A deadly virus was spreading in China, killing 40% of its victims and threatening to burst into a major outbreak.
In the U.S., the pandemic preparedness team at the White House's National Security Council (NSC) was tracking it daily, even as President Donald Trump took office in those early days of 2017.
The NSC team, called the Directorate for Global Health Security and Biodefense, had helmed the country's preparations for months, coordinating health agencies, the State Department, and even the Pentagon to prepare for its spread to the U.S.
That virus, H7N9, never did.
Less than three years later, its successor -- the novel coronavirus -- broke out. But by then the directorate had been dismantled by the Trump administration.
As a consequence, the pandemic response is now being steered by non-scientists: Vice President Mike Pence, Health and Human Services Secretary Alex Azar, and even the president's son-in-law are jostling for control of a response marred by confusion and delays.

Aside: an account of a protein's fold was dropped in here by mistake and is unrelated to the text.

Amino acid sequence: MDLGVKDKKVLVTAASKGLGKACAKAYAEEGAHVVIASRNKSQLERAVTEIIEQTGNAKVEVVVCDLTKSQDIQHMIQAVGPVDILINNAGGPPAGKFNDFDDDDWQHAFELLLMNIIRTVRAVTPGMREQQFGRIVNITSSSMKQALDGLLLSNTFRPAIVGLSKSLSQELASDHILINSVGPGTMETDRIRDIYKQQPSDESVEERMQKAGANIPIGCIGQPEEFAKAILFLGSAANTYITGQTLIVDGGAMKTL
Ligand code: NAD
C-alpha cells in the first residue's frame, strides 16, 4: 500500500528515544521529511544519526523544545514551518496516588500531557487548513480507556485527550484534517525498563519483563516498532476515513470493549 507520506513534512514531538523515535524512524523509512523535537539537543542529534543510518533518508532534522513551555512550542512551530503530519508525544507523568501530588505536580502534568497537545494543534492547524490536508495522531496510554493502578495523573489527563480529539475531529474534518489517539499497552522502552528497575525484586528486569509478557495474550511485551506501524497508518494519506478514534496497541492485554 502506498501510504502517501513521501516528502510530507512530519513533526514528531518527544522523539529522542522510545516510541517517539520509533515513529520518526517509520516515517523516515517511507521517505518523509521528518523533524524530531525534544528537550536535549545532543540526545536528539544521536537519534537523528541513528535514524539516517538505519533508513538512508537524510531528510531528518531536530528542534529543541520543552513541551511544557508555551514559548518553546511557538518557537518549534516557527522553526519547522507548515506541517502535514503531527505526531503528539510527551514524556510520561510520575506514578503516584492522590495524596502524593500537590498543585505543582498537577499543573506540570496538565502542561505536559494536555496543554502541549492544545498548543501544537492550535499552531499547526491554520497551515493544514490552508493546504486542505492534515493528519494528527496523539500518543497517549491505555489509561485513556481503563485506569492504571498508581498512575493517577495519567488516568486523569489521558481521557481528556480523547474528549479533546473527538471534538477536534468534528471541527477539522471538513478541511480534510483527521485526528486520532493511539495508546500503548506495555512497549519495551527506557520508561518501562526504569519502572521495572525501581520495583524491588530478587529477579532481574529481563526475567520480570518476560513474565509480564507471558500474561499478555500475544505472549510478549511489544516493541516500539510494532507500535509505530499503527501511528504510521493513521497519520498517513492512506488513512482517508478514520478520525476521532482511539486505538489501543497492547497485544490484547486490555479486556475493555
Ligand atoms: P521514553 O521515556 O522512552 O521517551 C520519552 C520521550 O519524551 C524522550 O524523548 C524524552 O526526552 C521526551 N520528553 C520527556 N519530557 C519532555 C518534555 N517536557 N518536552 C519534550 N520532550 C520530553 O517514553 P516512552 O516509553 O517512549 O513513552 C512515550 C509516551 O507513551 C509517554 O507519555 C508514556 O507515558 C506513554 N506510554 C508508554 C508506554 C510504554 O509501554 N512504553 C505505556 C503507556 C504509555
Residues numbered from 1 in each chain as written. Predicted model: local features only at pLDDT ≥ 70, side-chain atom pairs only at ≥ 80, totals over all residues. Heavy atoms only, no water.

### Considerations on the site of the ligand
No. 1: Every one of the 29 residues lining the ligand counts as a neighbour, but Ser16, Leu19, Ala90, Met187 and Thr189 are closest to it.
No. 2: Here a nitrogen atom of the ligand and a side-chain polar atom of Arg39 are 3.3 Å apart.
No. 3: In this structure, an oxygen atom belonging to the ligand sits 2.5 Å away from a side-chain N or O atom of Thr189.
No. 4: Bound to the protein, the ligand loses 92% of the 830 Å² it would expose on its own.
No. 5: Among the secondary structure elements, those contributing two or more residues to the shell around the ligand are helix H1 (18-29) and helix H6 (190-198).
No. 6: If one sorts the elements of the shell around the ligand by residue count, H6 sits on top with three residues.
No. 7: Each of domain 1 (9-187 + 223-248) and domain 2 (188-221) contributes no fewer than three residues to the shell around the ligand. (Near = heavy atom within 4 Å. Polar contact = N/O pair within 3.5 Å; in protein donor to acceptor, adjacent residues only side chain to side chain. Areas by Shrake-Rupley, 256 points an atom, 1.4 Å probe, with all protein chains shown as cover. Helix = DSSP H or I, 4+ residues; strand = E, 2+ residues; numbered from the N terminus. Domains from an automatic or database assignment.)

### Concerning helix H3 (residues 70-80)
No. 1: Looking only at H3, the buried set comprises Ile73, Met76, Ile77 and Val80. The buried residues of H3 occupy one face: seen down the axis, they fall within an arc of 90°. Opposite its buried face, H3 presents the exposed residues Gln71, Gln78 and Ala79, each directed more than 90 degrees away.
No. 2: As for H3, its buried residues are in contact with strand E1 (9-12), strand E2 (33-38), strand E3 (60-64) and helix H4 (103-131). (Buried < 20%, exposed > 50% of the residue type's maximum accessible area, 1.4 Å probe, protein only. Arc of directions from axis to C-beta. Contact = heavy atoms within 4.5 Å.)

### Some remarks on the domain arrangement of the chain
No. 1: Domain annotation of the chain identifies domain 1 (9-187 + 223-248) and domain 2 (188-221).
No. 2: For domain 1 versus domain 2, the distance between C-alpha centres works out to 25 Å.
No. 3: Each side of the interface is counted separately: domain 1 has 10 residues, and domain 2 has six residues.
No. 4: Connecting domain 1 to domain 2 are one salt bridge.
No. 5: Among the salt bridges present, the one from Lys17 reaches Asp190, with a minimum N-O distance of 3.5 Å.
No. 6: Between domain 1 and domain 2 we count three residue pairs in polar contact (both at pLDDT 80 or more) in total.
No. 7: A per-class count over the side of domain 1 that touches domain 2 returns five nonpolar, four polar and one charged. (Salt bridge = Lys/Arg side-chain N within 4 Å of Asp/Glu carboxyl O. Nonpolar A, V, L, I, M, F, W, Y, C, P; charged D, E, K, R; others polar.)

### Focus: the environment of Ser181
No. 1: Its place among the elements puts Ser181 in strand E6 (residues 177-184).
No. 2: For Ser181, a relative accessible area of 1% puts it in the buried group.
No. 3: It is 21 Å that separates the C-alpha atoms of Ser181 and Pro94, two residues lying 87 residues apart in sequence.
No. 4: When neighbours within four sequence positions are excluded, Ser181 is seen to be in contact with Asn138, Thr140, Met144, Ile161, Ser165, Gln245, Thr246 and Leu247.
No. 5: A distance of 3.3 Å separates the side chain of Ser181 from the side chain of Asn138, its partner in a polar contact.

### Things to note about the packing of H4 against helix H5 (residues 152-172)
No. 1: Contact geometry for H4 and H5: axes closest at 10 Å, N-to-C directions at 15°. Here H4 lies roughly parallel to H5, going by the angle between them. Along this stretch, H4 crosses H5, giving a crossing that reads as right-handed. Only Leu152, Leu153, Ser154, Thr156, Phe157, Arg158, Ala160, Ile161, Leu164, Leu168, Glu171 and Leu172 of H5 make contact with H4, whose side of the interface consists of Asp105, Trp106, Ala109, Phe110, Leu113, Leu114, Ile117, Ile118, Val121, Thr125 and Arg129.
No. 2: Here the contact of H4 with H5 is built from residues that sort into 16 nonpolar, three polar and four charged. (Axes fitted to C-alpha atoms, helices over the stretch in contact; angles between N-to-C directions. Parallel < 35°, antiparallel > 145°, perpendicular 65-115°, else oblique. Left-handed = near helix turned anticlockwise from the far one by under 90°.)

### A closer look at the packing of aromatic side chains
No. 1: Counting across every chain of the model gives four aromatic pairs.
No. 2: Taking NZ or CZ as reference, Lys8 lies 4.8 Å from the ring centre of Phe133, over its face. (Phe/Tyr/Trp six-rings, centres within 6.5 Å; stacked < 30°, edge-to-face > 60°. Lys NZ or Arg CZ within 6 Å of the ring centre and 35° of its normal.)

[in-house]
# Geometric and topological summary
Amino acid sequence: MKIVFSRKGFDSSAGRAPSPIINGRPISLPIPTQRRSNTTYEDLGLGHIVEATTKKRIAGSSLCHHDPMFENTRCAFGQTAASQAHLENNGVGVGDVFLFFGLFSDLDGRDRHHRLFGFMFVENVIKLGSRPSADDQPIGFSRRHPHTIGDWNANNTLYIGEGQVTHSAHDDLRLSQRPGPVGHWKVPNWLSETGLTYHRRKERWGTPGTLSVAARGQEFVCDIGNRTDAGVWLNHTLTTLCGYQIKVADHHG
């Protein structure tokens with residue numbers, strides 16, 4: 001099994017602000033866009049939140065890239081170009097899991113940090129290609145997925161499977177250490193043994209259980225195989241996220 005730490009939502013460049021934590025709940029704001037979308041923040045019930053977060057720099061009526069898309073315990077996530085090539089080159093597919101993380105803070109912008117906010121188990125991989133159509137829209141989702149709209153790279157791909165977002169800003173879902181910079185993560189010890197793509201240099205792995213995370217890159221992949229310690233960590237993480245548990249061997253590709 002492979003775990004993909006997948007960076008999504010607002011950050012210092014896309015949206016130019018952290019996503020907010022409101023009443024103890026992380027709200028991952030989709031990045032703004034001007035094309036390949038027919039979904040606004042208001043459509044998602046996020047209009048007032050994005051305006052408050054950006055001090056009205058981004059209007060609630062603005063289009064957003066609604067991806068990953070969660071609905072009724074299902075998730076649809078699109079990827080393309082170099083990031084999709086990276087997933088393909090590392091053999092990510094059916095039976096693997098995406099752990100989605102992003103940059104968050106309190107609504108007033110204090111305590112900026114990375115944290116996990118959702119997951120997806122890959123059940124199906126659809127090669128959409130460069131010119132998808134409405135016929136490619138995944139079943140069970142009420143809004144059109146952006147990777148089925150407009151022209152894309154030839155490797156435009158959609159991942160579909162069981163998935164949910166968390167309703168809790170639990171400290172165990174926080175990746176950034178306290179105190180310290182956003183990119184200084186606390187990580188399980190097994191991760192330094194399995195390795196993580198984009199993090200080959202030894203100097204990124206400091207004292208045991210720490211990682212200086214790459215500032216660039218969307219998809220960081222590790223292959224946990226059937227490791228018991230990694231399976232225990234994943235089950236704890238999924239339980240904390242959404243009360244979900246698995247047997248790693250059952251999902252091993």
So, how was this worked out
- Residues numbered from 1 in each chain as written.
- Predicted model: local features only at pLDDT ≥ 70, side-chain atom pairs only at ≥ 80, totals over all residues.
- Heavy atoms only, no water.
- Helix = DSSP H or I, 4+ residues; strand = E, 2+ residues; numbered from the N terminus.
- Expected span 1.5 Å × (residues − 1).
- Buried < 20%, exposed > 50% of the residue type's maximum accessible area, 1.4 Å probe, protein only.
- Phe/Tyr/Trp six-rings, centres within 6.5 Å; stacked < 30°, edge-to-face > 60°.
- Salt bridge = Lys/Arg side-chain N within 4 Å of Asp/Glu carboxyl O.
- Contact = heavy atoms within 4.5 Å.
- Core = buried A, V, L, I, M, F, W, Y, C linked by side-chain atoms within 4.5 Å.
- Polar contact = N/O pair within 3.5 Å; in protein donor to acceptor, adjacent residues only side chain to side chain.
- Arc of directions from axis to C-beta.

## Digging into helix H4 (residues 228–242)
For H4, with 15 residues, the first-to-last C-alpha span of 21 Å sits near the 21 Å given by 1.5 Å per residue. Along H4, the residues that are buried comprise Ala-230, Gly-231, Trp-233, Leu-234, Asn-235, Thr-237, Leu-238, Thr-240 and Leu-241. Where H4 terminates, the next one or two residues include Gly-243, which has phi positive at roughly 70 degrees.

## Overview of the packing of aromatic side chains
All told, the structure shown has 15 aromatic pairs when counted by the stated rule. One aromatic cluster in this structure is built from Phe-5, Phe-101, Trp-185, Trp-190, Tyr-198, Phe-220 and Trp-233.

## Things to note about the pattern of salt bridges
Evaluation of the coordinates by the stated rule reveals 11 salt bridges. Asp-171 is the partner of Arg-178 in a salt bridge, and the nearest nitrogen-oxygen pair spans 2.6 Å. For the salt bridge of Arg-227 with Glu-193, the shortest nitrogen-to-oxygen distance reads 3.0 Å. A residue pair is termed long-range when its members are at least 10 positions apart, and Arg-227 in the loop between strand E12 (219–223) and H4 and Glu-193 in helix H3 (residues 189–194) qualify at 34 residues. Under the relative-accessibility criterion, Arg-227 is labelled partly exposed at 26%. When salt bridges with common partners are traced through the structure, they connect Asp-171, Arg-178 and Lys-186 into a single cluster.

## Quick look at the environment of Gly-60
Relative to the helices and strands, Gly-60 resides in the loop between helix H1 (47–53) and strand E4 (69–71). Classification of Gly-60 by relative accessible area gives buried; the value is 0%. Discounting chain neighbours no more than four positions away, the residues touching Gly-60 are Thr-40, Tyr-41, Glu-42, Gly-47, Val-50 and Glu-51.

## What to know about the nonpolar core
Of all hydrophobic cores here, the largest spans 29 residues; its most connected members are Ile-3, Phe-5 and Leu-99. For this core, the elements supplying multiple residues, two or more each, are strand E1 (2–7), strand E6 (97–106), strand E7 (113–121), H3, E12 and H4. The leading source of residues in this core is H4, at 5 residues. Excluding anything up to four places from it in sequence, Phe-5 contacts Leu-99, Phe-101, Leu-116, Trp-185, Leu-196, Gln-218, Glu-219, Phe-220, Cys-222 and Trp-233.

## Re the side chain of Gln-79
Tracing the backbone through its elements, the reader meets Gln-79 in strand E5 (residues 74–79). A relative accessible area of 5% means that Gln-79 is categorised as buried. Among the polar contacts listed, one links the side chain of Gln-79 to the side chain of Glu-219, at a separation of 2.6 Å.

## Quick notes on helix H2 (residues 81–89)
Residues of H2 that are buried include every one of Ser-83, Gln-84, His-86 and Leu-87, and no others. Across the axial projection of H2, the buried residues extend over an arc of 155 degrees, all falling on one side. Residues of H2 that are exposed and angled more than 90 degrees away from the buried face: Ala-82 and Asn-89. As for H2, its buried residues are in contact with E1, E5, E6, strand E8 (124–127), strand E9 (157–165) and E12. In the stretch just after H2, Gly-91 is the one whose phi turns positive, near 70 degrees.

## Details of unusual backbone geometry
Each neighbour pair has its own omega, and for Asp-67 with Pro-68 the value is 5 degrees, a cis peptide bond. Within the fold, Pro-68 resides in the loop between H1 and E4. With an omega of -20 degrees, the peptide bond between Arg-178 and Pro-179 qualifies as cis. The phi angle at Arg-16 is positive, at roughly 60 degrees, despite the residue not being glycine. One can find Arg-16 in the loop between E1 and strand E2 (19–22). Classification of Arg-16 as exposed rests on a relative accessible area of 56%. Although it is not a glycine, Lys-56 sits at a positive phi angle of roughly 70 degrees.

It is unclear how the outbreak would have played out if the group had still been intact. But without a team that was trained to handle just such a pandemic -- drawing on their experiences from SARS in 2002; H1N1 in 2009; Ebola in 2014; Zika in 2016 -- the United States was left without a vital rudder, experts and former NSC officials said.
A war-room-like command center would have compelled action across disparate agencies to form a coherent and swift response, they say.
"It's pretty clear that, by not having an authoritative personality in the White House who understood what was at stake, the United States will pay a huge price," said J. Stephen Morrison, the director of the Global Health Policy Center at the bipartisan Center for Strategic and International Studies, who last year warned of the need to reinstate the directorate.
"No one on high had the strategic urgency to see the bigger picture and say, 'We damn well better move rapidly, because if we don't, the consequences are going to be disastrous,'" Morrison said.